Proove Biosciences Offering Test to Assisting in Treating Jaw Disorder Known as TMD

Proove Biosciences Offering Test to Assisting in Treating Jaw Disorder Known as TMD
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Proove Biosciences recently announced the launch of a test that may help doctors treat patients with temporomandibular joint disorder (TMD), a painful condition that can be associated with fibromyalgia. The product is called the Proove TMD Profile test.

TMD is characterized by a dysfunction in the muscles that move the jaw, and patients with TMD experience pain and restricted jaw movement.  Although its causes are unknown, TMD has been seen to occur simultaneously with other painful conditions, such as fibromyalgia and chronic fatigue syndrome.

“With such an abundance of Americans suffering from the painful symptoms of TMD, dentists, pain physicians and oral surgeons are lacking ways of diagnosing and treating suffering patients,” said Brian Meshkin, Proove Biosciences’ founder and CEO, in a news release. “Building off of the incredible work done by patient advocates, academic researchers, and the largest NIH-funded prospective study in chronic pain, we are honored to partner with these experts to launch Proove TMD Profile, which will undoubtedly aid patients and clinicians by analyzing DNA markers and recommending the most appropriate treatment based on scientific evidence.”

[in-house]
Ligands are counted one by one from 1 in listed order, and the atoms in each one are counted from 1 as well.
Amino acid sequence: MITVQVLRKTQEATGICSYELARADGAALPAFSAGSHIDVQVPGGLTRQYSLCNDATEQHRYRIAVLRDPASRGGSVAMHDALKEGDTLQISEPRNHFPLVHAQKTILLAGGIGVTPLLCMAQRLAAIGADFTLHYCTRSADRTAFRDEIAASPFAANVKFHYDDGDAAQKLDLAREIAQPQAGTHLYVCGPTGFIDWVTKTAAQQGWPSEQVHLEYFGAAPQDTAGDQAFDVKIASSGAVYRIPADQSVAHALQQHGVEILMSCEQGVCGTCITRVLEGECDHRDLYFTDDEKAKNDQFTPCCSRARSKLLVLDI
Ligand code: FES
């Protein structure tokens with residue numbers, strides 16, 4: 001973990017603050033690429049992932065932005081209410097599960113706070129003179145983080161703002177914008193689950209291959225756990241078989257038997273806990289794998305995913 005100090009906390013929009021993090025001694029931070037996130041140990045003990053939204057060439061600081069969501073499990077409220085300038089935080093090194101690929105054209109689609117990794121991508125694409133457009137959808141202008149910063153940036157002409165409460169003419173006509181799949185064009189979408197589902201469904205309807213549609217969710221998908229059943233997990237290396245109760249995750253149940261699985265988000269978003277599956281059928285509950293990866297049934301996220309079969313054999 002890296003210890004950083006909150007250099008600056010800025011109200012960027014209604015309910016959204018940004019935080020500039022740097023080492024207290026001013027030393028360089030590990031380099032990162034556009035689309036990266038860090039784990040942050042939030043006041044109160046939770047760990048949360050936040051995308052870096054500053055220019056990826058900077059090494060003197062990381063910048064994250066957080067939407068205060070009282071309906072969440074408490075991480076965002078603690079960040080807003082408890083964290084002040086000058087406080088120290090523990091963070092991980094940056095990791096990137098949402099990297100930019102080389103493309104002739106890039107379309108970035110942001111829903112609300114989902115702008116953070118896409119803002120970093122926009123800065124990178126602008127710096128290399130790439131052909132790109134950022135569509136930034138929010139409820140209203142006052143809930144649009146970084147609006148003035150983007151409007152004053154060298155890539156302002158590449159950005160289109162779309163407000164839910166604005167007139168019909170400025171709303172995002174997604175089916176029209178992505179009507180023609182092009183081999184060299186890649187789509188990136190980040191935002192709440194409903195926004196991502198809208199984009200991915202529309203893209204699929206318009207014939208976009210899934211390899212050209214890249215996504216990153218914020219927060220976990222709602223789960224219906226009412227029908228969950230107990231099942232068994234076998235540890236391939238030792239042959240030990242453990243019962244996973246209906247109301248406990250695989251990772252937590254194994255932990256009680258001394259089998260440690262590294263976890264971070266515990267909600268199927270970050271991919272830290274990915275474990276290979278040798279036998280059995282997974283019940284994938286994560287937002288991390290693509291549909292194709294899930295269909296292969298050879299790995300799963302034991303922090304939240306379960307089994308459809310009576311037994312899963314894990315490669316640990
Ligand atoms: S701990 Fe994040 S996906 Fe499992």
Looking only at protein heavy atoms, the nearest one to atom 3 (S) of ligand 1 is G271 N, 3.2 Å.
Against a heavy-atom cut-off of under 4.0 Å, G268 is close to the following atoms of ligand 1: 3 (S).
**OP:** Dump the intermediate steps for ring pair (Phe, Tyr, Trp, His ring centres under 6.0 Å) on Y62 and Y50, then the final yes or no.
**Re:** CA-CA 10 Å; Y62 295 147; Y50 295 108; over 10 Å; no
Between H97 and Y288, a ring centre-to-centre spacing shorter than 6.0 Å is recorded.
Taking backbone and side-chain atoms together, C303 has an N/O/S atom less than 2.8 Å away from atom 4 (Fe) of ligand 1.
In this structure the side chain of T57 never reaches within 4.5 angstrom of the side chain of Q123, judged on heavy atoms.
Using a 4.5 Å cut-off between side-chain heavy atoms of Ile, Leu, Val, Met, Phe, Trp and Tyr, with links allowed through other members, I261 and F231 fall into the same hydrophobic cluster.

Proove TMD Profile works by analyzing genetic variants in the adrenergic and serotonergic pathways, as well as patient self-reported stress and tender points. In this way, it can help doctors evaluate pain perception and understand the mechanisms involved in the onset of TMD pain, which can help them in developing more personalized treatments.

The profile, according the company’s website, also offers pharmacological insights, based on its results, into how each patient is likely to respond to drug therapy prior to treatment and a genetic potential predisposition to addiction. This could be of importance, because a recent study showed that dentists frequently prescribe opioid painkillers to TMD patients ages 14 to 17, as well as young adults ages 18 to 24.

The National Institute of Dental and Craniofacial Research estimates that 10 million Americans are affected by TMD.

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